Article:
Trump and Islam: A New Hope or More of the Same?
Since the global jihad thrust itself into our national consciousness on September 11, 2001, America's arbiters of political correctness have over and again rejected every honest inquiry into Islam. This willful refusal to explore the ideological roots of those who routinely claim allegiance to Muhammad's religion while engaging in terrorism has led our nation to choose costly and inconclusive responses to such violence. With the "lone wolf" phenomenon, having sprung up on our shores over the past decade, one wonders whether our nation is any safer today from Islamic terrorism than during our pre-9/11 salad days.
The 2,977 murders committed by 19 Muslim hijackers on 9/11 and a litany of other atrocities perpetrated by Muhammad's acolytes since then should have prompted our nation to investigate and address what ideas lie at the heart of such murderous behavior. Curiosity alone regarding why Muslims continue to shout "Allahu akbar" at each suicide bombing, knife attack, gun crime, and the like should have prompted a nationwide reading of the Koran and the Hadith. Even a cursory review of the scriptural teachings these chaps have claimed as their inspiration for terror could prove helpful in defending against future attacks. But the sad reality is that in the wake of 9/11, our nation was numbed into ignorance about Islam and diverted from examining its doctrine for a painfully long stretch across two presidencies.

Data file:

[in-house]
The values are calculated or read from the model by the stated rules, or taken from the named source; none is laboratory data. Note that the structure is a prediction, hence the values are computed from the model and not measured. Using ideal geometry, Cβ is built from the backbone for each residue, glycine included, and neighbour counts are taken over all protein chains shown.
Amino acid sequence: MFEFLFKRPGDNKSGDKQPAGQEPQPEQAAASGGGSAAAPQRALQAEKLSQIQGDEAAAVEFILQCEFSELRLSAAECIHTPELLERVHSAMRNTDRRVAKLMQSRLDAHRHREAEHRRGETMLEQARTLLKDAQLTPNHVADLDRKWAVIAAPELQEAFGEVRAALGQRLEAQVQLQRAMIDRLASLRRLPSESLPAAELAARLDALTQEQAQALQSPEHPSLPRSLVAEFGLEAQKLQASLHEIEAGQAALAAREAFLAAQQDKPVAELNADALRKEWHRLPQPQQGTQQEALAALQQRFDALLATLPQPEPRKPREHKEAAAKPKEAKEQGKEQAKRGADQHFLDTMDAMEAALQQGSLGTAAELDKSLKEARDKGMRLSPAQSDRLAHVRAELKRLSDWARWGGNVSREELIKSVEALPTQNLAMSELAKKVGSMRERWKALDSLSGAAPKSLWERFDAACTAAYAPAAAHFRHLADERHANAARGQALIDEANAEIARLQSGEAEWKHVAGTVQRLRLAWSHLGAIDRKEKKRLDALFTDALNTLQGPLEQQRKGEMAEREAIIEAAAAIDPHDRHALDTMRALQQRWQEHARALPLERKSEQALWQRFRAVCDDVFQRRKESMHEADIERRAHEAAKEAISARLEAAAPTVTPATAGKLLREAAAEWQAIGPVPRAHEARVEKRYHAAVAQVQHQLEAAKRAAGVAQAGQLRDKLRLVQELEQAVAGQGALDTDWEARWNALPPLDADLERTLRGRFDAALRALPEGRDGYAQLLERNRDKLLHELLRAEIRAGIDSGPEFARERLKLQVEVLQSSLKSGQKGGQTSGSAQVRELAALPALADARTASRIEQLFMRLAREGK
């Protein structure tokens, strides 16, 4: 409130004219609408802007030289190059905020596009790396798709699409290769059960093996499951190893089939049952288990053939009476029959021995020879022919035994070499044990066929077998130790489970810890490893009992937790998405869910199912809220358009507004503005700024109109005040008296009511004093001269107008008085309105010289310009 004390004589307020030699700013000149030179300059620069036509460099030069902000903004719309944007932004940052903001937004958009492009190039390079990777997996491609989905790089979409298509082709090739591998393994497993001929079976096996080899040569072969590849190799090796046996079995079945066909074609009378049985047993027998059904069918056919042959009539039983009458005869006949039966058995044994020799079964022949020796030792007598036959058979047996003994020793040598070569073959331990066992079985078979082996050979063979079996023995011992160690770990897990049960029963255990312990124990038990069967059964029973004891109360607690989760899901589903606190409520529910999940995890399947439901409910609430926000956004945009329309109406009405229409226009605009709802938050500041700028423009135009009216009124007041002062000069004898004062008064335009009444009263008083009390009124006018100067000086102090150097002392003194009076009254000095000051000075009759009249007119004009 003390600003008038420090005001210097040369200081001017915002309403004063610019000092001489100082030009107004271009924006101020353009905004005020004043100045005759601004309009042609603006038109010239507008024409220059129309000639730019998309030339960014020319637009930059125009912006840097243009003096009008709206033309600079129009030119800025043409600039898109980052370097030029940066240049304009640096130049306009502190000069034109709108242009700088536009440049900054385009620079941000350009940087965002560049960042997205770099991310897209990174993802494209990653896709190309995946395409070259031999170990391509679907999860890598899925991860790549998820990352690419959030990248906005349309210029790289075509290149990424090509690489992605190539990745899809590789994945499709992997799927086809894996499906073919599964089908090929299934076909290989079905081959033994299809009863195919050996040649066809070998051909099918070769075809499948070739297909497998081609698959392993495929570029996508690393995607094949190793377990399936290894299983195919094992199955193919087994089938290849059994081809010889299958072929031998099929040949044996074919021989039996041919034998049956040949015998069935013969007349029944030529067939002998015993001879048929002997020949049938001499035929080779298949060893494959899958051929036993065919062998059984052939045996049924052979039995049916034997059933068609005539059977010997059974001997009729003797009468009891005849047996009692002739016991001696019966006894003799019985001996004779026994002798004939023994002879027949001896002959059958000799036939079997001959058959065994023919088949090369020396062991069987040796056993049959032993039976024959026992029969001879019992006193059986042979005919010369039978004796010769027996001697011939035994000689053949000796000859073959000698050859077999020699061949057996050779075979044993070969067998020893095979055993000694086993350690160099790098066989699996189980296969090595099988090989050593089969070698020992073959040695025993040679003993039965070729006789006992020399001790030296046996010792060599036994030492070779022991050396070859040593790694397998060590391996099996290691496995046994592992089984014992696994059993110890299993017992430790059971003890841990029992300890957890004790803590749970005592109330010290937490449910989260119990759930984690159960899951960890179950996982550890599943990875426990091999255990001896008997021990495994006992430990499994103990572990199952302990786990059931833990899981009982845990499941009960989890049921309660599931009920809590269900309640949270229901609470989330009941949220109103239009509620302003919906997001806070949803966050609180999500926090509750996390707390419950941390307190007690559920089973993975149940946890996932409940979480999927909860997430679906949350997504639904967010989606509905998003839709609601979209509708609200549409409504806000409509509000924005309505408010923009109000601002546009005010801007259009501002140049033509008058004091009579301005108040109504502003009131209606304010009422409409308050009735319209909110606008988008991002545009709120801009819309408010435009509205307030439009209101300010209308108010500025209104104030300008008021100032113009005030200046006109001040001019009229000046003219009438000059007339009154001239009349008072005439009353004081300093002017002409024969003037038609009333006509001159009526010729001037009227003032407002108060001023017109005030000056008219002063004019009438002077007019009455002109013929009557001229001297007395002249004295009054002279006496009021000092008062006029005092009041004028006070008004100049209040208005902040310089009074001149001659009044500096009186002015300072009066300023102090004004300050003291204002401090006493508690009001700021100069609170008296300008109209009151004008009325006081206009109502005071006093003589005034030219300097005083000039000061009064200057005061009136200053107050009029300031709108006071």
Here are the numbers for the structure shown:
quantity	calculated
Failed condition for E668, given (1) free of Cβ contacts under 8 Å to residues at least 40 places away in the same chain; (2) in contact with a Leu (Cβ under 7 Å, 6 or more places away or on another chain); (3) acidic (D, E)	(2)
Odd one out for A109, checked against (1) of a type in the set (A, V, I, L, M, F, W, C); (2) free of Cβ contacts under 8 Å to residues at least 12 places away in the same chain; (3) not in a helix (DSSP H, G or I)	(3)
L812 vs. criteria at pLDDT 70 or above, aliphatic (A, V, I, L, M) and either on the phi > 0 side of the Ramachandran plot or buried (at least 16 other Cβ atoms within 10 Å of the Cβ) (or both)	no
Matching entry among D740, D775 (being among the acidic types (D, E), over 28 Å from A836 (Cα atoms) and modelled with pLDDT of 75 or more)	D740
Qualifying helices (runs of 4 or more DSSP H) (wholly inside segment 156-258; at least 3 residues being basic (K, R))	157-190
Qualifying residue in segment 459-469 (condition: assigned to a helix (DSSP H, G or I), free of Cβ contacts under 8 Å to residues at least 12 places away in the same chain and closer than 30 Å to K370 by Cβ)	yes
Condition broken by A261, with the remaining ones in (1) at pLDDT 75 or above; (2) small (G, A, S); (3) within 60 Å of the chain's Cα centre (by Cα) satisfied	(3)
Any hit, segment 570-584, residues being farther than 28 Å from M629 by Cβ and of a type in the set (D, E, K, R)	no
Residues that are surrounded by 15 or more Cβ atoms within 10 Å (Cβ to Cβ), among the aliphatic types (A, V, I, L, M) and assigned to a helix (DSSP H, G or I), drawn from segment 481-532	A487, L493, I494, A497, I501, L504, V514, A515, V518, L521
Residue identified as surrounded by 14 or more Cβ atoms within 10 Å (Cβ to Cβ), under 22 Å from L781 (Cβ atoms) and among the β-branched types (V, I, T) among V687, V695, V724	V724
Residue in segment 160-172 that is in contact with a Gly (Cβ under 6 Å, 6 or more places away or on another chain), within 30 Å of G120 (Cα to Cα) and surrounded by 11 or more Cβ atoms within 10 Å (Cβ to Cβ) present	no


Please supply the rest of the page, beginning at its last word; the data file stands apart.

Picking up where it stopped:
President Bush stood before a grieving nation on September 20, 2001 and told us: